Between the Lines

Between the Lines by David Lias One of the new laws that went into effect July 1 in South Dakota places further restrictions on smoking in the state.

The new smoking ban prohibits smoking in any public place that is not a motel room or does not have an alcohol license or a minimum-age requirement for admittance.

It was signed during the past legislative session by Gov. Bill Janklow, a former three-pack-a-day smoker.

But while the blue haze has barely cleared from many public places in South Dakota that once allowed smoking, talk has begun to revise the law to make it even tougher.

We have to agree that the state Legislature needs to take another look at the law and consider closing some loopholes.

Taking such action appears to be growing in importance because many eating establishments are finding a way to keep smokers coming through their doors despite the new law.

They are pursuing alcoholic beverage licenses, which would allow their customers to continue smoking.

They may say that they are doing this only to remain �competitive� with those institutions in the state where smoking is allowed despite the new law.

They may argue that, hey, it�s a free country, and if people want to enjoy a smoke after a good meal, they should be allowed to light up.

Notice that no consideration is given to non-smokers who often are forced to endure the toxins being emitted by their nicotine-hooked neighbors.

There�s no doubt that we South Dakotans love tobacco. Just under 22 percent of our state�s adults smoke. And 45,000 kids are exposed to smoke at home.

The Dec. 14 issue of the Morbidity and Mortality Weekly Report states tobacco use, particularly cigarette smoking, is the leading preventable cause of death in the United States. But it says the health consequences extend beyond smokers to nonsmokers involuntarily exposed to environmental tobacco smoke or secondhand smoke.

Each year, an estimated 3,000 lung cancer deaths and 62,000 deaths from coronary heart disease in adult nonsmokers are attributed to secondhand smoke. Among children, secondhand smoke causes sudden infant death syndrome, low birthweight, chronic middle ear infections and respiratory illnesses such as asthma, bronchitis and pneumonia.

And ironically, about a week ago, scientists made a new conclusion, and it had nothing to do with the new smoking restrictions in South Dakota.

Tobacco smoke, researchers have determined, is even more deadly than they thought. In types of cancer already linked to smoking � lung, mouth, gullet, larynx, pharynx, pancreas and bladder � the risk is higher than previously believed. Smokers face a risk five to six times that of a nonsmoker, as compared to an elevated risk of three to four times as previously thought. And researchers have now added to the grim list of smoking-related illness, cancers of the stomach, liver, cervix, uterus, kidney, nasal sinus and myeloid leukemia. Those findings were gleaned from more than 3,000 studies involving millions of people.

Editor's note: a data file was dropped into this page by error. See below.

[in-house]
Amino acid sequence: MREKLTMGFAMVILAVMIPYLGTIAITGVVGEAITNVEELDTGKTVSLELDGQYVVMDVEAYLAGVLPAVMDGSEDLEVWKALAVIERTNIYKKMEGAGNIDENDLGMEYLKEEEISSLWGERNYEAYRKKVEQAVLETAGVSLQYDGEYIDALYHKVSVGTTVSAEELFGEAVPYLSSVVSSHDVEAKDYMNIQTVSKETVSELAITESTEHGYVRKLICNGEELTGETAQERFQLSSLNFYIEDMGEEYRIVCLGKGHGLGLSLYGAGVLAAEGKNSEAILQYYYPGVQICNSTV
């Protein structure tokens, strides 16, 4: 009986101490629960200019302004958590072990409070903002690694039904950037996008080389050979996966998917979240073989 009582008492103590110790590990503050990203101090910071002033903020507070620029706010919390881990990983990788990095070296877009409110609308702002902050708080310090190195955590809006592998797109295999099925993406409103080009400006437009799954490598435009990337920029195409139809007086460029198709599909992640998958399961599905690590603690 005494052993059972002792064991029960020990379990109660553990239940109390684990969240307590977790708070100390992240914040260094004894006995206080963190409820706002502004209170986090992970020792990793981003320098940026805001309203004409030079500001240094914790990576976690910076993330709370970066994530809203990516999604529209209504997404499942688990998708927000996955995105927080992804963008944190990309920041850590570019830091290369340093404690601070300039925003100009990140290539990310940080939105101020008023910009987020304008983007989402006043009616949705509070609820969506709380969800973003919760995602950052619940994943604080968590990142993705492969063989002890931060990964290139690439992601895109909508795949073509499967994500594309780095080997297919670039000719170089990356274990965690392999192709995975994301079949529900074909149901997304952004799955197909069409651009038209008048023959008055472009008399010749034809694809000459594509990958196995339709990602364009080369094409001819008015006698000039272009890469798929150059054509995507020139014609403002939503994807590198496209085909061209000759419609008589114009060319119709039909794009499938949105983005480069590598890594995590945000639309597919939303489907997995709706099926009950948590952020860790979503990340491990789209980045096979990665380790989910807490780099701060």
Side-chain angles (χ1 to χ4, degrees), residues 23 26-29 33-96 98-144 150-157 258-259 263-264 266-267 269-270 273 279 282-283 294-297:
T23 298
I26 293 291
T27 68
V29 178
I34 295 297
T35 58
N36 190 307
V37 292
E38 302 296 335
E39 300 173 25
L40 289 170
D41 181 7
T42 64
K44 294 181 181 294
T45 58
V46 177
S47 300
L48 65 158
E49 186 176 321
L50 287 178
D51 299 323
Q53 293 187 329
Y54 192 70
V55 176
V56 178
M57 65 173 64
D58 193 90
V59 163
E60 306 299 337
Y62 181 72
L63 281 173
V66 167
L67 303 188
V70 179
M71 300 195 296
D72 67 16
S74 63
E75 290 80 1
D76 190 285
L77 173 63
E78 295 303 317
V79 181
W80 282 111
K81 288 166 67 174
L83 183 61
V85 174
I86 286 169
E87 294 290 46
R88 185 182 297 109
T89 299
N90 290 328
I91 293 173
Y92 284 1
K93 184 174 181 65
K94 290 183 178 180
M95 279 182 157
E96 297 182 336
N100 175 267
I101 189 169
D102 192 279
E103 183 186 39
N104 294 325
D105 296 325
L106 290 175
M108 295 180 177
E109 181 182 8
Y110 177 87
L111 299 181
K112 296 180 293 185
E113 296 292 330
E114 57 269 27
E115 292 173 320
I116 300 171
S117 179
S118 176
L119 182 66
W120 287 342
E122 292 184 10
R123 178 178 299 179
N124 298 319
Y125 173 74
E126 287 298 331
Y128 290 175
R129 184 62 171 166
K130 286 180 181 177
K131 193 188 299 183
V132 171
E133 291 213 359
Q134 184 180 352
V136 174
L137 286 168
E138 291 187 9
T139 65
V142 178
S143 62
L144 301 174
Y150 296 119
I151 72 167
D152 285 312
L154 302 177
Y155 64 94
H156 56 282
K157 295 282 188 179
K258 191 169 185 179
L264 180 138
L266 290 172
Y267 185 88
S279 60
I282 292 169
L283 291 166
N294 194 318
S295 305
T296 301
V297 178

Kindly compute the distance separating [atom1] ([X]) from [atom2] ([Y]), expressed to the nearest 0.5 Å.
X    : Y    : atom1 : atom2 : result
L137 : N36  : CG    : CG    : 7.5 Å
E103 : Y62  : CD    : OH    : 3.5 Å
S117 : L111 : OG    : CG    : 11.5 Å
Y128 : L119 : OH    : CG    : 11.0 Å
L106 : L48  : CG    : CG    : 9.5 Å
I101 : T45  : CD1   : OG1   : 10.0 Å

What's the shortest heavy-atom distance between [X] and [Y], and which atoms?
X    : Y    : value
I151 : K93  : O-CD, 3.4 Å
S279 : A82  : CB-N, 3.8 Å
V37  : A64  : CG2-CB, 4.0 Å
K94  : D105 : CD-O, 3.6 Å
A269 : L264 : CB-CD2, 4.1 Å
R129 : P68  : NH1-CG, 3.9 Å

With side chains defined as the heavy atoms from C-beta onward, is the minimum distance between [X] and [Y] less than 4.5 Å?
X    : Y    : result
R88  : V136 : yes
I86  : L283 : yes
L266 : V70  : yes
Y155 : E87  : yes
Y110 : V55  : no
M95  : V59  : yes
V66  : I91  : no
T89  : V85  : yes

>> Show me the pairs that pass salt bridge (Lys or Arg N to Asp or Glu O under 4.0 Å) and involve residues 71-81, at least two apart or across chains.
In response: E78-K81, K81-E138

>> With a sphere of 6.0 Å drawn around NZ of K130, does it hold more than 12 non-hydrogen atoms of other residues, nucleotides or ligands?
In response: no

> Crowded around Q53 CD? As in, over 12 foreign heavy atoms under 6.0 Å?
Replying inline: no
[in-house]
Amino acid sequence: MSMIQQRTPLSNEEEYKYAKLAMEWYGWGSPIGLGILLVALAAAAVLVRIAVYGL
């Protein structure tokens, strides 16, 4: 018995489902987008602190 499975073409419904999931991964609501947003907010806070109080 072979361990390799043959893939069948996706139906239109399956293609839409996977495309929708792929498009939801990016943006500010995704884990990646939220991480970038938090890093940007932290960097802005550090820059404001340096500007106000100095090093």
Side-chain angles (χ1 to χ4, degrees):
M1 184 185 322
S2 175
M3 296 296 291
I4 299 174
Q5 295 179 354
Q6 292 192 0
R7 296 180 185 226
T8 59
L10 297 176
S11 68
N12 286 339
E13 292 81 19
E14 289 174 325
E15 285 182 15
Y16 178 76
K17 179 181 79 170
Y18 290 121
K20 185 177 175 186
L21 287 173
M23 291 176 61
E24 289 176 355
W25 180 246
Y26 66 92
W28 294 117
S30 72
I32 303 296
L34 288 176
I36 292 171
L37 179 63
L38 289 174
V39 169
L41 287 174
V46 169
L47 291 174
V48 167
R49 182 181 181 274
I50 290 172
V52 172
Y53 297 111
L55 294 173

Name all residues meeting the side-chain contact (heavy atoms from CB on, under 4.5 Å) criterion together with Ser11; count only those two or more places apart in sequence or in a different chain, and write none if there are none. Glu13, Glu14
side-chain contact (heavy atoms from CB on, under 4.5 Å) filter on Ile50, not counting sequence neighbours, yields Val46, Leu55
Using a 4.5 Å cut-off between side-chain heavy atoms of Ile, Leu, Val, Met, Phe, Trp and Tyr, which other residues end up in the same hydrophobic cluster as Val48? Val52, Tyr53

The most effective prevention, researchers have concluded, is for smokers to kick the habit.

We�re a bit surprised, and frankly disappointed, with the South Dakota Retailers Association reaction to the state�s new smoking law. The association opposed the bill the during the legislative session, and naturally doesn�t like the law.

�Our position was a business owner should be able to make their own policy regarding any issue � including smoking,� said Jerry Wheeler, the association�s executive director. �We felt they (the Legislature) were overstepping their bounds.�

The new law does not restrict smoking in motel rooms, casinos, bars, restaurants serving alcohol and stores that primarily sell liquor or tobacco. Smoking will not be prohibited in homes unless they are used as a day care. Smoking is banned in hospitals, clinics, nursing homes, libraries, museums, theaters, schools, buses, jury rooms, elevators and day-care operations.

Consider this, however. Many restaurants, ranging from those who cater mainly to adults, to, sadly, those who fit the �family� eating establishment category, have taken steps to make sure smoking will not be banned in their buildings.

In mid-July, for instance, the Sioux Falls City Council will consider alcohol licenses for two Perkins restaurants, three Fryn� Pan restaurants, KC�s Restaurant and a bingo hall. The city of Brookings received a request from a Perkins restaurant and granted it. The city of Mitchell received two requests and granted wine licenses to Perkins and Cottonwood Canyon restaurants.

We wouldn�t be surprised to hear that many smokers in South Dakota view the new law as a violation of sorts � a stripping of personal freedom.

We�re disappointed that many restaurants have acted prematurely. There�s a good chance, we believe, that if they gave the new smoking ban a trial run in their eating establishments, they may see their numbers climb.

It doesn�t take a rocket scientist to figure it out. Why are smoking sections usually much smaller than non-smoking sections in restaurants? Because most diners like to enjoy their food without inhaling second-hand smoke.

Smokers that currently are complaining about the new law should realize, too, that their voices won�t be heard as for as long of a time as non-smokers. Why?

Those researchers mentioned earlier state that chances are quite good that smokers will die prematurely from cancer, heart disease, emphysema or other smoking-related diseases.

It just makes good health sense to promote a smoke-free environment wherever possible. If a tougher state law is needed for that to happen, we won�t be among the complainers.

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